Autumn beers and their malty goodness
It’s late-August and the fall beers have arrived in force. Until recently, autumn offerings focused almost exclusively on rich, amber, malty brews based on the traditional German Oktoberfest style. Nowadays, fall beers feature enough pumpkin ales that attempting to try all of them might actually lead to seeing Schroder’s Great Pumpkin.
Quite a few locals put out solid Oktoberfest-style beers. Goodfellows’ Wheneverfest is available year-round and is joined in the fall by Berkley Brewing’s well-balanced Harvest Ale, as well as fine “Octoberfests” from Cisco, Sam Adams, and Harpoon. All of them are solid, so feel free to pick up any and know you’ll get a good brew.
If you can find it, one of the classics of the style is the Paulaner Oktoberfest-Marzen, the only non-local beer I’ll mention in this column, simply because it’s often considered the Oktoberfest to which all others are compared. It’s actually in the Oxford English Dictionary next to both “Oktoberfest” AND “balanced”.
But as any local hophead knows, this is pumpkin brew season. Quite a few beer enthusiasts dislike pumpkin beers, often because they simply don’t enjoy the combination of flavors. Others dislike the enthusiasm with which some brewers load their pumpkin ales with flavors like cinnamon, nutmeg, ginger, cloves, allspice, Old Spice, and anything else they can think to throw in there.
On the other side of the “kitchen sink” approach is the eminently drinkable, and some would argue too-bland Shipyard Pumpkinhead. Personally, I find Pumpkinhead hits the spot – it has just enough flavor to make it interesting but goes down incredibly smoothly. For a true delight, get it on tap at a pub/restaurant that rims it with a cinnamon and brown sugar glaze. Delicious. It’s also great blended with a Guinness or other stout.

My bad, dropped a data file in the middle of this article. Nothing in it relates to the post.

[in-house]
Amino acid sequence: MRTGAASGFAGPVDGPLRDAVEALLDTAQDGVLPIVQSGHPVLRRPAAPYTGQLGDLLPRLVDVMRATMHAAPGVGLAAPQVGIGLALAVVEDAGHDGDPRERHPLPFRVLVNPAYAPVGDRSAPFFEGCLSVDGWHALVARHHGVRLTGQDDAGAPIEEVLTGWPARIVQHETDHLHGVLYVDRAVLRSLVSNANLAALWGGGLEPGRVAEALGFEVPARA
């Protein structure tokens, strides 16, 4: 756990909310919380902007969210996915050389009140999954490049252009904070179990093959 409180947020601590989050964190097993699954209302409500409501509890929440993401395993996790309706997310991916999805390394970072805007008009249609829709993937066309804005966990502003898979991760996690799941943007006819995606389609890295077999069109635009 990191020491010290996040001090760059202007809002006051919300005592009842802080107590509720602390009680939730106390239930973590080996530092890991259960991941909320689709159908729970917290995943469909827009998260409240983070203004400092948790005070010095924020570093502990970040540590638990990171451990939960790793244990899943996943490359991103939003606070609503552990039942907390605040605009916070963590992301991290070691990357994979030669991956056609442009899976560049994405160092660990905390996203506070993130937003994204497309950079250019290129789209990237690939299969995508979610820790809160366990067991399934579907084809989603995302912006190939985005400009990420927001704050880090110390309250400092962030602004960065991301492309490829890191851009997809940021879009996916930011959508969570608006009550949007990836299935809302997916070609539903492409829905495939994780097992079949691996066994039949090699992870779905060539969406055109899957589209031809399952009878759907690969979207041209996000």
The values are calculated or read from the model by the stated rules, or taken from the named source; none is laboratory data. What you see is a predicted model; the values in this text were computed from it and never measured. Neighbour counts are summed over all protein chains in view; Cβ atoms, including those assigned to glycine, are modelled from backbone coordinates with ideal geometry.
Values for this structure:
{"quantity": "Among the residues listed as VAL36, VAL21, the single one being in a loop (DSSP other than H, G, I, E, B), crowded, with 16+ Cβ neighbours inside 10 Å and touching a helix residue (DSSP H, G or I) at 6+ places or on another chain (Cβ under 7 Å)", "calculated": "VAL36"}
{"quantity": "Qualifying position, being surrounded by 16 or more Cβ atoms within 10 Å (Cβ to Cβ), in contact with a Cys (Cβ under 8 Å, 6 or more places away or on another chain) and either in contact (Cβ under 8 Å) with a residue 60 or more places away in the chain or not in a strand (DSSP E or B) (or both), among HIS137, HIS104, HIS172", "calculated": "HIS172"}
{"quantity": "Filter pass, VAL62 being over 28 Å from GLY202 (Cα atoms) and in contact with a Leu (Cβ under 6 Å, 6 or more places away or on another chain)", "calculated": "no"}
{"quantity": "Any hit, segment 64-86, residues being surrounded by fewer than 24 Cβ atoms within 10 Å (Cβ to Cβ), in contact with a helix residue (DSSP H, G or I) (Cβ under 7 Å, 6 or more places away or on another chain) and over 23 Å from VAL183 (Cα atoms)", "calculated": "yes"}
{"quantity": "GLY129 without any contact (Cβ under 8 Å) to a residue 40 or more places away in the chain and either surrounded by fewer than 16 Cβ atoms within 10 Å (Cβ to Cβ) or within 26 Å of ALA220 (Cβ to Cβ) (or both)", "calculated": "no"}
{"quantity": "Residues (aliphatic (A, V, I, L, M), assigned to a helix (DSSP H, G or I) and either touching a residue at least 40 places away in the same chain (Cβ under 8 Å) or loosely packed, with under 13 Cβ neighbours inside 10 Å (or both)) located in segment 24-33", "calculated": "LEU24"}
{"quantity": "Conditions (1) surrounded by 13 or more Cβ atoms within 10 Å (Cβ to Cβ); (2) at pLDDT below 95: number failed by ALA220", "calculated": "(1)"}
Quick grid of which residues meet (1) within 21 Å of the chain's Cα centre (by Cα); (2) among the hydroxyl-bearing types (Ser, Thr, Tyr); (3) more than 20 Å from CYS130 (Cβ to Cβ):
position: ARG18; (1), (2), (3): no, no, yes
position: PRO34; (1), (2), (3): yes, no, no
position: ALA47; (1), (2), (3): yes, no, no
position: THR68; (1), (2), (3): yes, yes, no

Shipyard sized on the stout/pumpkin combination and put it in a beastly pumpkin brew called Smashed Pumpkin, a 9% pumpkin stout that adds just the right amounts of cinnamon and nutmeg to make things really interesting.
A similar brew is the much-sought Pumking, by New York’s top-notch Southern Tier. Not for the faint-of-heart, this 8.6% brew tastes like a slightly bitter pumpkin pie. Loaded with pumpkin flavor, don’t try a Pumpkinhead after this one or you’ll think you’re drinking a Bud Light.
Despite Oktoberfest and pumpkins’ dominance, there are definitely autumn seasonals that defy the standard, like Mayflower’s excellent Autumn Wheat Ale (a medium-bodied brew that packs a big malt wallop with the slightly fruity flavors of wheat beers) or Clown Shoes’ marauding Genghis Pecan Pie Porter (a near-black ale with enough pecans to make any southerner proud).
Also check out the surprisingly-complex and always delicious Harvest Ale by Long Trail. The brown ale, brewed almost exclusively of local Vermont ingredients, packs a nice quick jab of hops followed by a variety of caramel, bready-notes, and toasty toffee. It’s a bit later to the party, but keep your eyes peel as autumn actually begins.
Originally published on August 29, 2013